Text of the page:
"This was a first for Austin," said Frank Rodriguez, the executive director of the Latino HealthCare Forum. "Last year the city did not fund any activity and I think they came to the realization that they play a central role in the community’s health care.”

One upcoming enrollment event will be at City Hall in downtown Austin.

"We felt like we needed to be downtown to really do some outreach with the service industry workers, the folks that work at restaurants, construction workers," Rodriguez said.

Despite city funding, however – $300,000 combined for the Latino HealthCare Forum and another nonprofit, Foundation Communities – Rodriguez knows Latinos are hard to reach.

"I still think we’re still gonna just do some bite size pieces in this," he said. "This is still a chronic, long-term issue for the community, and we’re gonna have to keep working on it."

Olga Rodriguez (no relation to Frank), the deputy director of the Texas Association of Community Health Centers, said community health centers are still seeing uninsured people in droves.

"Of the 1.2 million clients or patients that Texas health centers see each year, approximately 70 percent of them fall under 100 percent of the federal poverty level," she says.

That means they don’t qualify for subsidies for an ACA plan, and because Texas hasn’t expanded Medicaid eligibility so far, they don’t qualify for that program, either.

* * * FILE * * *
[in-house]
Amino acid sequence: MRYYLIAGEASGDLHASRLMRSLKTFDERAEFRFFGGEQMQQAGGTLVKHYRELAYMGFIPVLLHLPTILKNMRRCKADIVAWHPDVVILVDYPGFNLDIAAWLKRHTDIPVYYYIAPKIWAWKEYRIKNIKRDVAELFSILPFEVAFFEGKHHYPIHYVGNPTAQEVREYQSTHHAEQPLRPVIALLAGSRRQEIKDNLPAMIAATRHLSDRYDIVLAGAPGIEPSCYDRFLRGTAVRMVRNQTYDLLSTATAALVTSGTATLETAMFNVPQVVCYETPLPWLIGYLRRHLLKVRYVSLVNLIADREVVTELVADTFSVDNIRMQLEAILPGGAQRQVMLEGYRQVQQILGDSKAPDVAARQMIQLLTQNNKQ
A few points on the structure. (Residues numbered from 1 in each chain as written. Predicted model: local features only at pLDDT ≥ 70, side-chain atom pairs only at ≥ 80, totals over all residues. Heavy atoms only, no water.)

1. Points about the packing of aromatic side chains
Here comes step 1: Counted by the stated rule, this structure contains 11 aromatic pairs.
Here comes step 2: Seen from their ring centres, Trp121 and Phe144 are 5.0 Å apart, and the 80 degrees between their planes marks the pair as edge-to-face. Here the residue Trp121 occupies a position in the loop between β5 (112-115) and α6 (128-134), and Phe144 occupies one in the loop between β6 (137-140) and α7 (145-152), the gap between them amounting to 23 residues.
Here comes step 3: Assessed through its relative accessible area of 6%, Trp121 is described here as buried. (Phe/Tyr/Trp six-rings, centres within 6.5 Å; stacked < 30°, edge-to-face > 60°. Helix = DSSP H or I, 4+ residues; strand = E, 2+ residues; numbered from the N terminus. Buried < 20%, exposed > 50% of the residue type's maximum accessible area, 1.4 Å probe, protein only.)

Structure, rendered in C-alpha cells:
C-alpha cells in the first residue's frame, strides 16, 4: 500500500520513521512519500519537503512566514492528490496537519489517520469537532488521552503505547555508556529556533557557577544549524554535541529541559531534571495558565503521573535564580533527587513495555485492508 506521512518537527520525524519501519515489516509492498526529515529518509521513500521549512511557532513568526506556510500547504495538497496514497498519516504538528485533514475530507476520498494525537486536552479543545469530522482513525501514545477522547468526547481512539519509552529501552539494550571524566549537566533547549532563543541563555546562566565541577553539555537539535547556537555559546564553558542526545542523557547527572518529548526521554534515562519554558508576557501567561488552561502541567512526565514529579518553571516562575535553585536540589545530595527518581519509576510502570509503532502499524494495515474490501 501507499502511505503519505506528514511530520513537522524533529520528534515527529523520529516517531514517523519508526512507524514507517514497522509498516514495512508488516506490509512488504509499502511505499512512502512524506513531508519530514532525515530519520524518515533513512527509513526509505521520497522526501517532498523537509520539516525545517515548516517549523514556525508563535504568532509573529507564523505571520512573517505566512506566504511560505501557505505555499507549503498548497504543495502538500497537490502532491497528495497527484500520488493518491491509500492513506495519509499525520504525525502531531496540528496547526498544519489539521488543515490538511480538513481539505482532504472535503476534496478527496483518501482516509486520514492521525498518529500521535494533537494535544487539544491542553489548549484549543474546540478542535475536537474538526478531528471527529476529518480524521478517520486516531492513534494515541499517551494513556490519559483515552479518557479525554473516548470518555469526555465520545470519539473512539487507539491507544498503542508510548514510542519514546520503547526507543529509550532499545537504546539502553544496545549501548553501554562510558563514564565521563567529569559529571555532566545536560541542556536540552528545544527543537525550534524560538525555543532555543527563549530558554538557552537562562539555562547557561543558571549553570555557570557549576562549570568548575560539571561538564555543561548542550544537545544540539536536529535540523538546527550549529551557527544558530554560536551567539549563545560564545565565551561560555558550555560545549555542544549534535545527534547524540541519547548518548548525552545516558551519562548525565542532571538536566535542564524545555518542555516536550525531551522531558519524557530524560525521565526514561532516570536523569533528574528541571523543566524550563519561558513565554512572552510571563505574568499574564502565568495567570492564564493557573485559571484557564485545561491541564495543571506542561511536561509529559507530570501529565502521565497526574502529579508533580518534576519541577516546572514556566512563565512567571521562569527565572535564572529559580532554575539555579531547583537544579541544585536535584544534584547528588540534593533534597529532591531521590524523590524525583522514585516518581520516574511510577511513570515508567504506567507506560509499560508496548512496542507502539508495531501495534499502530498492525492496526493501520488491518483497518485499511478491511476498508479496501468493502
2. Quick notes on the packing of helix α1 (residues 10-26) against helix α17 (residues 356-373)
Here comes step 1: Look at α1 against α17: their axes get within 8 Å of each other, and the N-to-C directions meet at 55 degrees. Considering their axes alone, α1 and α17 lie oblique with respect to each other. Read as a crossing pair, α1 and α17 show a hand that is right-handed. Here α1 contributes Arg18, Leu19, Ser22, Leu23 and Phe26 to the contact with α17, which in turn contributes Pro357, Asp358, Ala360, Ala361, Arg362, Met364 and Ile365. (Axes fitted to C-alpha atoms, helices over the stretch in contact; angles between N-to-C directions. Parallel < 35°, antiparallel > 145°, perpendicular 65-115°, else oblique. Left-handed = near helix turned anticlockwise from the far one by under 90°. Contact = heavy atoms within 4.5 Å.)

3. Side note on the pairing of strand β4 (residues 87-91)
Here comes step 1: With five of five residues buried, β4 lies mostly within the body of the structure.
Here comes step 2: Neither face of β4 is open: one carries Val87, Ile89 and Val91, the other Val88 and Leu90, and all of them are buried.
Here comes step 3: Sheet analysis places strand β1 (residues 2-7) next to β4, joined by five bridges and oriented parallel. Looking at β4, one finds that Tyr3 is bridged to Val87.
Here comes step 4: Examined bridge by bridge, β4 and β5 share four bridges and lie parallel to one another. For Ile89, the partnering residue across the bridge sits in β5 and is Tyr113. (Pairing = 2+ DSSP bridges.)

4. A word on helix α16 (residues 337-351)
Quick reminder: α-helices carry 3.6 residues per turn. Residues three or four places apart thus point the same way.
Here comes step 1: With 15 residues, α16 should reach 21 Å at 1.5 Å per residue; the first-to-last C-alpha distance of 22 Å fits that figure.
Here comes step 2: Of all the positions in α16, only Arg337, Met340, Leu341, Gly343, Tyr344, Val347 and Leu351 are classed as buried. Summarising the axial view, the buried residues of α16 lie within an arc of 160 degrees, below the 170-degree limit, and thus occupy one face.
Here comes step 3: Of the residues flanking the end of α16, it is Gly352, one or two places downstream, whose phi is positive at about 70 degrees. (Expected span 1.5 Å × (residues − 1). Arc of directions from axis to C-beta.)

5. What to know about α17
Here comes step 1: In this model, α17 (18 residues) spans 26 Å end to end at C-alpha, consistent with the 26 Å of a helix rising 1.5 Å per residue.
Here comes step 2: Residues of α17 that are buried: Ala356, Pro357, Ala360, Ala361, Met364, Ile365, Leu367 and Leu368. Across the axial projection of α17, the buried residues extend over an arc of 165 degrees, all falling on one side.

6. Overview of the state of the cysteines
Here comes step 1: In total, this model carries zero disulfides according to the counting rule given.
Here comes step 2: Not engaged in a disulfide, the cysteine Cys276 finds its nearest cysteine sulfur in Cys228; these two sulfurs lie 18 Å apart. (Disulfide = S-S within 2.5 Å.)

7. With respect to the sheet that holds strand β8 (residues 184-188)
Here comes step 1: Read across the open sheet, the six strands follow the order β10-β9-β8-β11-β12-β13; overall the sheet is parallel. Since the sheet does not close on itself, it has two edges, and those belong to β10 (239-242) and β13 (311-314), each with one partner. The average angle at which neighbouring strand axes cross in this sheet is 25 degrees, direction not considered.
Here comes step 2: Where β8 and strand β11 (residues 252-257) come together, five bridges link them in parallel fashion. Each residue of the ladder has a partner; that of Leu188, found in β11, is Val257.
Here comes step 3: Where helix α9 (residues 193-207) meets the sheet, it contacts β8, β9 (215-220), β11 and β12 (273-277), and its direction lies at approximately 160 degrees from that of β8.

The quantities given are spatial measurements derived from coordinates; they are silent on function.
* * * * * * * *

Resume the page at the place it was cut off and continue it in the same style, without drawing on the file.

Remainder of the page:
"In terms of the applications being submitted, we’re consistently seeing that a lot of people are being told they’re too poor to receive assistance for health insurance and fall under the coverage gap," Rodriguez said.

Back at the Target in San Antonio, customer Yvonne Garcia comes out of the Blue Cross RV after almost an hour. She didn’t qualify for an ACA plan, based on her income, but she did sign up for health insurance.

"We just by chance came to do some shopping and, wow. I said ‘Oh my God' – I told my husband – ‘it’s Blue Cross and I’m gonna have to get it.’" she said, adding that she could finally make her way into the Target for her shopping.

Blue Cross is taking its RV to Target stores and H-E-B supermarkets across South Texas, to cities including Corpus Christi, Laredo, and Brownsville. Those areas are heavily Latino – and uninsured.

This story was produced as a project for The California Endowment Health Journalism Fellowships, a program of the USC Annenberg School for Communication and Journalism.

Related Content